Old ActiveX Controls Under .NET 2.0 SP1

April 29th 2008 .NET Framework Native Interop

A .NET application in the company I work for recently started crashing under Windows Vista when trying to open a window implemented in an ActiveX DLL. Investigations showed that they were caused by an AccessViolationException:

Attempted to read or write protected memory. This is often an indication that other memory is corrupt.

The cause was one of the ActiveX controls in the window. When instantiated directly in a .NET Form the exception above was contained in a TargetInvocationException:

Unable to get the window handle for the '' control. Windowless ActiveX controls are not supported.

Knowing that the control didn't suddenly turn windowless we dug deeper.

It turned out that the problem appeared with .NET Framework 2.0 Service Pack 1. Apparently it caused the C# compiler in Visual Studio 2005 and later to set the NXCOMPAT bit for all build targets without an option to turn this new behavior off. For those who don't know, this means that DEP (data execution prevention) will kick in unless it is turned off completely in the operating system. This wouldn't be a big deal unless ATL before Visual Studio 2005 didn't have a bug which caused the heap allocated memory not to be flagged as executable, which under the new circumstances results as the already mentioned exception. Windows XP has DEP turned off by default therefore everything still works but in Windows Vista it is turned on and prevents such application from functioning properly.

The best solution would of course be to recompile the ActiveX controls in Visual Studio 2005 or later but this might not be possible if they are supplied by a third party. In this case the most obvious approach to dealing with the situation is to disable DEP in Vista. There is a Data Execution Prevention tab in the Performance Options which open when you click the Settings button in the Performance frame of the Advanced tab in the System Properties dialog but it only allows switching between DEP for all processes with defined exceptions and DEP for essential Windows programs and services, i.e. executables flagged with the NXCOMPAT bit. The only way to turn DEP completely off is executing the following command with administrative privileges:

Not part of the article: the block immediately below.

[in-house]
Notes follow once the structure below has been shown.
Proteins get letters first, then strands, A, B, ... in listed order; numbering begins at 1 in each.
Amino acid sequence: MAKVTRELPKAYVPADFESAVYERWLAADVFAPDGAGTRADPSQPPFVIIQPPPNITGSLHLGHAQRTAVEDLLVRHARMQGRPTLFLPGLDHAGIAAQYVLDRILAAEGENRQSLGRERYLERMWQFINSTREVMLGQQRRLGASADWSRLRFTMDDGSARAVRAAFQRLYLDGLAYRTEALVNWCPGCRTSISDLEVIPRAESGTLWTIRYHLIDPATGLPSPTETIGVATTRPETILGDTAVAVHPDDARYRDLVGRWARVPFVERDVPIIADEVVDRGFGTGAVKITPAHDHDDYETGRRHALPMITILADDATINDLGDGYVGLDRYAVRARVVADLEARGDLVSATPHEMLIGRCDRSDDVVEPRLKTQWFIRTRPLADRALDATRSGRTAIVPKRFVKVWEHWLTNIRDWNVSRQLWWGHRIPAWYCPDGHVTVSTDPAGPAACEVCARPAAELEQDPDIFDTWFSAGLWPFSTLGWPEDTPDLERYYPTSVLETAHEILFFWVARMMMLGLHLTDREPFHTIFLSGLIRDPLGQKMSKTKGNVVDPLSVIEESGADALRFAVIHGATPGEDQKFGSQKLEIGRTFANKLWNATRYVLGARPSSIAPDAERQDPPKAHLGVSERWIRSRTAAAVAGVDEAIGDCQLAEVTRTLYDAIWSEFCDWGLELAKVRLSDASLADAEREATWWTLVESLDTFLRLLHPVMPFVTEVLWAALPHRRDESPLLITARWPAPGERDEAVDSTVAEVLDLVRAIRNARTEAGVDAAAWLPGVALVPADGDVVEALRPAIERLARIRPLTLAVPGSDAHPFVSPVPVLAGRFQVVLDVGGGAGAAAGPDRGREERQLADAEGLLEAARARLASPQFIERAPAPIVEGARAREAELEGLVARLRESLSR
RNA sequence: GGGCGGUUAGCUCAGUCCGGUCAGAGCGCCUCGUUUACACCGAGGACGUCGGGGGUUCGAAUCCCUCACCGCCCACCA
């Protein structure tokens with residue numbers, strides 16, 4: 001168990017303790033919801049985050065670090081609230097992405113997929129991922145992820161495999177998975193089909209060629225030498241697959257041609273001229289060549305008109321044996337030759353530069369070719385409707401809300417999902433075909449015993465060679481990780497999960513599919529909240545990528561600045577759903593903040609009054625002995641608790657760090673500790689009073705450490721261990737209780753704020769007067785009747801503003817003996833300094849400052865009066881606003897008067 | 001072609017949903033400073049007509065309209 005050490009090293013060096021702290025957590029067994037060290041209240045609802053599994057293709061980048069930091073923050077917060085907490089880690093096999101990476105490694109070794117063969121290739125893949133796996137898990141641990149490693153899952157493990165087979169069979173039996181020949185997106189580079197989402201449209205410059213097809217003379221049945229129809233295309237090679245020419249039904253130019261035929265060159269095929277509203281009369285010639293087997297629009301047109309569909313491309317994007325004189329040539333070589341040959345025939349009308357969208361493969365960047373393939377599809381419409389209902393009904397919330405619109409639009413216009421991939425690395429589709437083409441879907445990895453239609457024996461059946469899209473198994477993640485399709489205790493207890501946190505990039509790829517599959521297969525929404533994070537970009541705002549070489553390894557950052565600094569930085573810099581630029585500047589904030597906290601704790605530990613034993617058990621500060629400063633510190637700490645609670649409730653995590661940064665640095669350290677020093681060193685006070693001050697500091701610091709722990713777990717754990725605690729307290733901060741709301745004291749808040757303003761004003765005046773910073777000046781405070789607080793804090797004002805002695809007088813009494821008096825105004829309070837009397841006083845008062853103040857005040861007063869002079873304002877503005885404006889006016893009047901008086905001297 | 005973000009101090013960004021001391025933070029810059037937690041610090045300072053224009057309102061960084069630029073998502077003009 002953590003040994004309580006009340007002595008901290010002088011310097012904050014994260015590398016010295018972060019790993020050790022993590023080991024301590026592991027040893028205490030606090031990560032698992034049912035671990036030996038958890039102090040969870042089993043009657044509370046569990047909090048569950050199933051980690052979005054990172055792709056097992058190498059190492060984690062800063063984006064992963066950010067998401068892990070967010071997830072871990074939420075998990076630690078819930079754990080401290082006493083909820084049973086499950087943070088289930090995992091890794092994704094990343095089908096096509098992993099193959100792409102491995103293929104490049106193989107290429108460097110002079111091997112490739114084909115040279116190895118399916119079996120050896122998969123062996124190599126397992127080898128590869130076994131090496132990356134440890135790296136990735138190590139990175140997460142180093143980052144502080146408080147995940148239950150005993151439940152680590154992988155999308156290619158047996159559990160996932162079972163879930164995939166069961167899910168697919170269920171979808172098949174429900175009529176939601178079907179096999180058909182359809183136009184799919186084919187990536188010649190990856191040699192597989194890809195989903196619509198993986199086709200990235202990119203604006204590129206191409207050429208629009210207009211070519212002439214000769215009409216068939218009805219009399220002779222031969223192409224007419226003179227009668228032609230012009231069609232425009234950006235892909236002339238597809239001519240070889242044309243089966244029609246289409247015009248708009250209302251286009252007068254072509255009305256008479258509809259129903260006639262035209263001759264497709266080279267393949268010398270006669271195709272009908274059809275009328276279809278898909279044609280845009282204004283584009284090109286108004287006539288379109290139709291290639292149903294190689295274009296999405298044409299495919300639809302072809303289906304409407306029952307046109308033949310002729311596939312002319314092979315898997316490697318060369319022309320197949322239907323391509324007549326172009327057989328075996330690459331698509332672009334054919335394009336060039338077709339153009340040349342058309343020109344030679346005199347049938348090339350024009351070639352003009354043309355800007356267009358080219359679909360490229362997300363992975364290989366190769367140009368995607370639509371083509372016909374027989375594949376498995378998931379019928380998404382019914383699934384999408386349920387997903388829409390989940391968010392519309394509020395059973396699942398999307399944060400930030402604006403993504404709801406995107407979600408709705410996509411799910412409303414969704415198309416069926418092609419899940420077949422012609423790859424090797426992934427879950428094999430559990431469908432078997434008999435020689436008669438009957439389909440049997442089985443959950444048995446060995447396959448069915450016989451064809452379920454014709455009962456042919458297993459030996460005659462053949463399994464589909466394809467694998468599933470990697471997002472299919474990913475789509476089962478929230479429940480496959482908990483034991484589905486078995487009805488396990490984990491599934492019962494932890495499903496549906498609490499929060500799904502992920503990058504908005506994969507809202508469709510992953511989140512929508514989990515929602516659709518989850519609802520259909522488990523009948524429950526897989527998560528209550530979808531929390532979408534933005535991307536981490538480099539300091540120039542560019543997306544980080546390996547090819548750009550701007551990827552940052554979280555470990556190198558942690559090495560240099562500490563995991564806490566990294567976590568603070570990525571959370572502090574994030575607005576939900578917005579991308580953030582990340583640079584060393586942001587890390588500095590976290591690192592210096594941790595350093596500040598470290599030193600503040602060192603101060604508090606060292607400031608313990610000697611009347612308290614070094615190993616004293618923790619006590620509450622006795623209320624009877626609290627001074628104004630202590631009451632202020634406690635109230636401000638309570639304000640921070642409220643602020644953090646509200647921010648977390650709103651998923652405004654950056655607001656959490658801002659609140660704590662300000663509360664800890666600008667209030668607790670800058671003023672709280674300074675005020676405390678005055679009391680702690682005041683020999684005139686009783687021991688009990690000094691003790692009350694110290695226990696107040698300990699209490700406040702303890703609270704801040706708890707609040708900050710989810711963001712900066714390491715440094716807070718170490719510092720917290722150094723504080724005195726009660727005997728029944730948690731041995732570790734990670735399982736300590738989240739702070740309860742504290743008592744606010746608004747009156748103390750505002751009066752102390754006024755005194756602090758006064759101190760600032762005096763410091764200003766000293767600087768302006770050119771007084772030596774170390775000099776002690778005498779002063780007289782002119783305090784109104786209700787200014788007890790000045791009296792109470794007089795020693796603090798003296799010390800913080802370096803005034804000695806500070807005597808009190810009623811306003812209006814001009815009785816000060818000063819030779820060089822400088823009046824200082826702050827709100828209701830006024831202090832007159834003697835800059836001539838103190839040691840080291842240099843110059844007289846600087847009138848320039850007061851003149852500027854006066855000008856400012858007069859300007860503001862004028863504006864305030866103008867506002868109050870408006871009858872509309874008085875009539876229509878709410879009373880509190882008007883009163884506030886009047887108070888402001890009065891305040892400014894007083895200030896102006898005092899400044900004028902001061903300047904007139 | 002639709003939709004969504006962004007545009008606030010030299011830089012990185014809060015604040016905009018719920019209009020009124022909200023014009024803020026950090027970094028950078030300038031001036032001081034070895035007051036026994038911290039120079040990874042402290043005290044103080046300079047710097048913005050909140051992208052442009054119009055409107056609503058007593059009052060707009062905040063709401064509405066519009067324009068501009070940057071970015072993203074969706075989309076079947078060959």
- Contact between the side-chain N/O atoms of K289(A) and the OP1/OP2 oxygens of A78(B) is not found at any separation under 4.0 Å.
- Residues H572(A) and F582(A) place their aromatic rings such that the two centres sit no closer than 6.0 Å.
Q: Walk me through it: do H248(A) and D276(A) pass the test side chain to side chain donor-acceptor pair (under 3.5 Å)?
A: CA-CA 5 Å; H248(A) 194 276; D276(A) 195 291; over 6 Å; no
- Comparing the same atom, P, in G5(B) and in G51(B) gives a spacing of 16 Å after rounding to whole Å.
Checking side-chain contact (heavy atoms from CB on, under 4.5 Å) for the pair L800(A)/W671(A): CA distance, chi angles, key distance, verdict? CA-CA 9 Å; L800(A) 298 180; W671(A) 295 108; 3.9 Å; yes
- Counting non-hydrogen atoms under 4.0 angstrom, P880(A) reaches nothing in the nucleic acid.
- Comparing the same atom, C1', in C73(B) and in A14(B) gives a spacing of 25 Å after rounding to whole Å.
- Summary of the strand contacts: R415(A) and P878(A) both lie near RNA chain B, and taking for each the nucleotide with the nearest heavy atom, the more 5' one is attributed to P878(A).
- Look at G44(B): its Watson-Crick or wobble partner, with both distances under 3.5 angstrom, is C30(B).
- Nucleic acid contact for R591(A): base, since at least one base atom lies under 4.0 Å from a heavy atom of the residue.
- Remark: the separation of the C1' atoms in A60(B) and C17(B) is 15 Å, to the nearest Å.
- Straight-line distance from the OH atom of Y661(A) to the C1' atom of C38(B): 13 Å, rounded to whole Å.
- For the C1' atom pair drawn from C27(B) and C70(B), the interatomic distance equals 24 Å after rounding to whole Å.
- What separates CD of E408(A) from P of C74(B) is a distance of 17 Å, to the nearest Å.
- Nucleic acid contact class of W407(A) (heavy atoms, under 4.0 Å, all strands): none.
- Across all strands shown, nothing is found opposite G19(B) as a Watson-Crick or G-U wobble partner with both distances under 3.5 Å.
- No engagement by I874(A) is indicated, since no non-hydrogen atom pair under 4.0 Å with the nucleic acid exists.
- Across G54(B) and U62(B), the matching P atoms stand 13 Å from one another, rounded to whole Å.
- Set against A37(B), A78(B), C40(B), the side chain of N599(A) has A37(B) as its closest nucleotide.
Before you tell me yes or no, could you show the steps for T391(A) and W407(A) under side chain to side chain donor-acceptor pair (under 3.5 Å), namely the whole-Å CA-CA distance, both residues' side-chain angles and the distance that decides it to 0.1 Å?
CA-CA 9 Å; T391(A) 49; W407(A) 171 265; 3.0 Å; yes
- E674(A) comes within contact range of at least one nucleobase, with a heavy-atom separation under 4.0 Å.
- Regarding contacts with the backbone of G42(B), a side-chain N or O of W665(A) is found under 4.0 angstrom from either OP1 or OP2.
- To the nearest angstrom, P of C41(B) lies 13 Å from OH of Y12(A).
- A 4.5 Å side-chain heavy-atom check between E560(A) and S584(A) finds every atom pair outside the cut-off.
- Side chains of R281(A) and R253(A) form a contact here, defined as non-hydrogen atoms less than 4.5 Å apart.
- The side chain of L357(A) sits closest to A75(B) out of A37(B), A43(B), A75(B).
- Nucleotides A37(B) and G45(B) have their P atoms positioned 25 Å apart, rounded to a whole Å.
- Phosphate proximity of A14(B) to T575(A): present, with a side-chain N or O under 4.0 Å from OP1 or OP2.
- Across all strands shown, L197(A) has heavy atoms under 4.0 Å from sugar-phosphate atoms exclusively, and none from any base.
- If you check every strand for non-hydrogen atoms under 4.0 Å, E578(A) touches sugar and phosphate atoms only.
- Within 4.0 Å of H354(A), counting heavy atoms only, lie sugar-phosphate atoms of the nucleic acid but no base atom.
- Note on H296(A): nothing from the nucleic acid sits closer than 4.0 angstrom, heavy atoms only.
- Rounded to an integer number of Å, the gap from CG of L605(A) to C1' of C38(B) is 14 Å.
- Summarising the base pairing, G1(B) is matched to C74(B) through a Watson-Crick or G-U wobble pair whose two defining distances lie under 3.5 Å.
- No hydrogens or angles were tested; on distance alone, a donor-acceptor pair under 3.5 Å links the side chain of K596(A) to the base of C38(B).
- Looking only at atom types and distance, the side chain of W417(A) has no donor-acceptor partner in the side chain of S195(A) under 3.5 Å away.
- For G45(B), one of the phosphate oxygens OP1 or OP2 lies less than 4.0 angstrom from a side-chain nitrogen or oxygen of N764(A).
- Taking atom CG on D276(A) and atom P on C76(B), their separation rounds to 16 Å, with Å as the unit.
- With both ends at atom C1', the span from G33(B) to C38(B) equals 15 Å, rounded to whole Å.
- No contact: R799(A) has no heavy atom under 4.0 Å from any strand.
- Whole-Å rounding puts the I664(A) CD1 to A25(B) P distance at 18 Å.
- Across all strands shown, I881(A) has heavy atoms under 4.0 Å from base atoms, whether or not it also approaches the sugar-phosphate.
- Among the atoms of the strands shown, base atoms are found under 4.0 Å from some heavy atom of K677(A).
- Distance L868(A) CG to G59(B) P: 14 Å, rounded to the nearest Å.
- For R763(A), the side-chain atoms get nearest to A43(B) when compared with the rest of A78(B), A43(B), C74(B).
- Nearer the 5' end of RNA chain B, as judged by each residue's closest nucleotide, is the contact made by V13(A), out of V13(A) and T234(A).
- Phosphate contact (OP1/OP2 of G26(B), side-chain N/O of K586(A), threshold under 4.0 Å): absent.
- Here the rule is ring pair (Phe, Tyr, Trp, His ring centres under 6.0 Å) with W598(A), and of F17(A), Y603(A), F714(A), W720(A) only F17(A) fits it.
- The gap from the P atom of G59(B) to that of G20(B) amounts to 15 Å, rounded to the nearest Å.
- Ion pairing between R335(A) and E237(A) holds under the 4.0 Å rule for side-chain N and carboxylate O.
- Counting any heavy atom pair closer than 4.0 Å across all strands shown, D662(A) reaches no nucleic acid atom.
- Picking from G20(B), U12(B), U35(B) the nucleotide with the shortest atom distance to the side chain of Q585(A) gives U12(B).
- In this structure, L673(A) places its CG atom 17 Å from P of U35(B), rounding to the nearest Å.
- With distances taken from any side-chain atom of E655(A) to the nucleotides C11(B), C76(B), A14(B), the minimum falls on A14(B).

bcdedit.exe /set {current} nx AlwaysOff

After restart DEP will be turned off and problematic binaries will work once again. To restore the previous (default) state replace AlwaysOff with OptIn. The AlwaysOn option enables DEP for all processes and might cause additional problems (e.g. Google Calendar Sync in its current version doesn't work in this mode).

Unfortunately, this solution would require all your Vista using customers to disable DEP as well which really isn't an option for commercial software. Fortunately, there is another solution. Although there is no compiler option to turn keep the NXCOMPAT bit unset, you can still do this after compilation using the editbin.exe which comes with C++ compiler for Visual Studio 2005 and later:

editbin.exe /NXCOMPAT:NO <filename.exe>

This command removes the NXCOMPAT bit and restores the behavior before .NET 2.0 SP1. If your assembly was signed it also invalidates the signature so you'll have to resign it:

sn.exe -R <filename.exe> <keyfile.snk>

You can automate this by putting the two commands in the Post-build event command line for the project:

editbin.exe /NXCOMPAT:NO "$(TargetPath)"  
sn.exe -R "$(TargetPath)" "$(ProjectDir)<keyfile.snk>"

You might need to call vcvars32.bat before that to put the required executables in path and enable editbin.exe dependencies to be resolved. Note that in a completely automated build scenario using MSBuild you'll have to specify full path for the vcvars32.bat because $(DevEnvDir) resolves to *Undefined* outside Visual Studio 2005. Also your strong name key should be in a snk file instead of a password protected pfx file because sn.exe doesn't allow the password to be read from a redirected standard input.

Creative Commons License